Maturation of Paneth cells appears between 4- and 7-day-old mice. A, Hierarchical clustering of genes whose expression is higher in 7-day-old mice than in 4-day-old mice was made as described for Fig. 2. B and D, Lysozyme staining of intestinal sections showing respectively the absence and the presence of Paneth cells in the intestinal crypts of 4- and 7-day-old mice. C and E, PAS staining of intestinal epithelium of 4- and 7-day-old mice.

FIGURE 3.

Maturation of Paneth cells appears between 4- and 7-day-old mice. A, Hierarchical clustering of genes whose expression is higher in 7-day-old mice than in 4-day-old mice was made as described for Fig. 2. B and D, Lysozyme staining of intestinal sections showing respectively the absence and the presence of Paneth cells in the intestinal crypts of 4- and 7-day-old mice. C and E, PAS staining of intestinal epithelium of 4- and 7-day-old mice.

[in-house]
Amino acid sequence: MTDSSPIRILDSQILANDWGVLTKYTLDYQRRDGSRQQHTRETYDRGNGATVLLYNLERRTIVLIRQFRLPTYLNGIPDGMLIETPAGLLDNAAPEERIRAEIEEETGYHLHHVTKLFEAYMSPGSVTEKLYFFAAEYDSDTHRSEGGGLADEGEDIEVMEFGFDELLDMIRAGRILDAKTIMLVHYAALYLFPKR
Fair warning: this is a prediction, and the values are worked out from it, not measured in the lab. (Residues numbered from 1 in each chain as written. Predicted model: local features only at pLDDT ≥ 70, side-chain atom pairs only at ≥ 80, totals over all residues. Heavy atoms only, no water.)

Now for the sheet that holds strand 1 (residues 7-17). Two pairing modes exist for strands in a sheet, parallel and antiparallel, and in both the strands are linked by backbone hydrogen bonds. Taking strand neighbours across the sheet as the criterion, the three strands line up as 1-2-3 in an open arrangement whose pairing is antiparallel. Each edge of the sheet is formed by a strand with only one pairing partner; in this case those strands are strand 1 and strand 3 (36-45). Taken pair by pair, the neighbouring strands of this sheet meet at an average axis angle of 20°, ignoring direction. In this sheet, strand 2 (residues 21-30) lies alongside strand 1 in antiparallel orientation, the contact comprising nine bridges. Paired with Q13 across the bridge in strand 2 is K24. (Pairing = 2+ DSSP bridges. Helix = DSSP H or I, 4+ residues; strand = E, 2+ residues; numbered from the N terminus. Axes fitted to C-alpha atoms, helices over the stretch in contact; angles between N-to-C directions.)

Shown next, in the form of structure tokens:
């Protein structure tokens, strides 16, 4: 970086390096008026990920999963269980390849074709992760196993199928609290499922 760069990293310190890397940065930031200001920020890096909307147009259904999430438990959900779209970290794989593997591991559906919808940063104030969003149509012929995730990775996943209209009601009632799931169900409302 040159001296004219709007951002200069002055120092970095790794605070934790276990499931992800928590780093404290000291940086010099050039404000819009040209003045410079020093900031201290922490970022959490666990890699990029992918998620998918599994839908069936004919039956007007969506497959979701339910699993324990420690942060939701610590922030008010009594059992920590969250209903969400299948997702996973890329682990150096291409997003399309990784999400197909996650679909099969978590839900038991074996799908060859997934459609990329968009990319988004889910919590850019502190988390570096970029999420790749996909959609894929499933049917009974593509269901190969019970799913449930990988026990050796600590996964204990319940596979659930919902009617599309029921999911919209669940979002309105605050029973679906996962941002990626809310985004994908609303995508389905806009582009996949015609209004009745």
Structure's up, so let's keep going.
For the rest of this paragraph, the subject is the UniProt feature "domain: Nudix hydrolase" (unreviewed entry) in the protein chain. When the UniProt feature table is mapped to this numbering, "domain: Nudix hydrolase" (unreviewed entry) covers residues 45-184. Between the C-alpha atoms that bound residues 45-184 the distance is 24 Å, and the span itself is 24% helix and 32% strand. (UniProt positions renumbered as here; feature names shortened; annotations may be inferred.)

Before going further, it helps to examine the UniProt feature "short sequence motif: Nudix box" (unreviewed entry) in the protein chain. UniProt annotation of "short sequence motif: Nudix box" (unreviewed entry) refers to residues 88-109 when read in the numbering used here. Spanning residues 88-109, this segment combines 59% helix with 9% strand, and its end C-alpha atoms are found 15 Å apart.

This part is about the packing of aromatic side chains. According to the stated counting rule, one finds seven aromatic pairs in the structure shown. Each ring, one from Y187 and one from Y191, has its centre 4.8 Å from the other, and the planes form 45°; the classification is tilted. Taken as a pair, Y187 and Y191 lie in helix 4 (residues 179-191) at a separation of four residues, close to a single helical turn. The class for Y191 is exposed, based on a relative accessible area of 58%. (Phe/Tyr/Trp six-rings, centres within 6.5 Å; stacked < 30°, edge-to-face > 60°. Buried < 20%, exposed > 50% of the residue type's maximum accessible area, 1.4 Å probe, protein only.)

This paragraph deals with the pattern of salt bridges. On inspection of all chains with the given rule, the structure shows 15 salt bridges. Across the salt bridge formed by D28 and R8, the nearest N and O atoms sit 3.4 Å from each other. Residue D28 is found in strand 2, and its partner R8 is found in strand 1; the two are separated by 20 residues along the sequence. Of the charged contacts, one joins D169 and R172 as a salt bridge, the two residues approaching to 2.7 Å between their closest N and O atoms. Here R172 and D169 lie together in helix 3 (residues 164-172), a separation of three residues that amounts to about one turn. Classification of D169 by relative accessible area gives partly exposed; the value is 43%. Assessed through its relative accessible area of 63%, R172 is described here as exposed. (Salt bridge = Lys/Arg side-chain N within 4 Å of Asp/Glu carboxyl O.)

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To functionally confirm the above correlation, we studied whether 7-day-old mice would become Shigella-susceptible if their Paneth cells were made nonfunctional. Paneth cells are functionally zinc-dependent. Indeed, zinc deficiency is common in developing countries and zinc supplementation reduces morbidity due to diarrheal disease in toddlers (15). Kelly et al. (16) postulated that zinc deficiency, in conditions of malnutrition, impairs the function of Paneth cells, which consequently become unable to adequately respond to intestinal infections.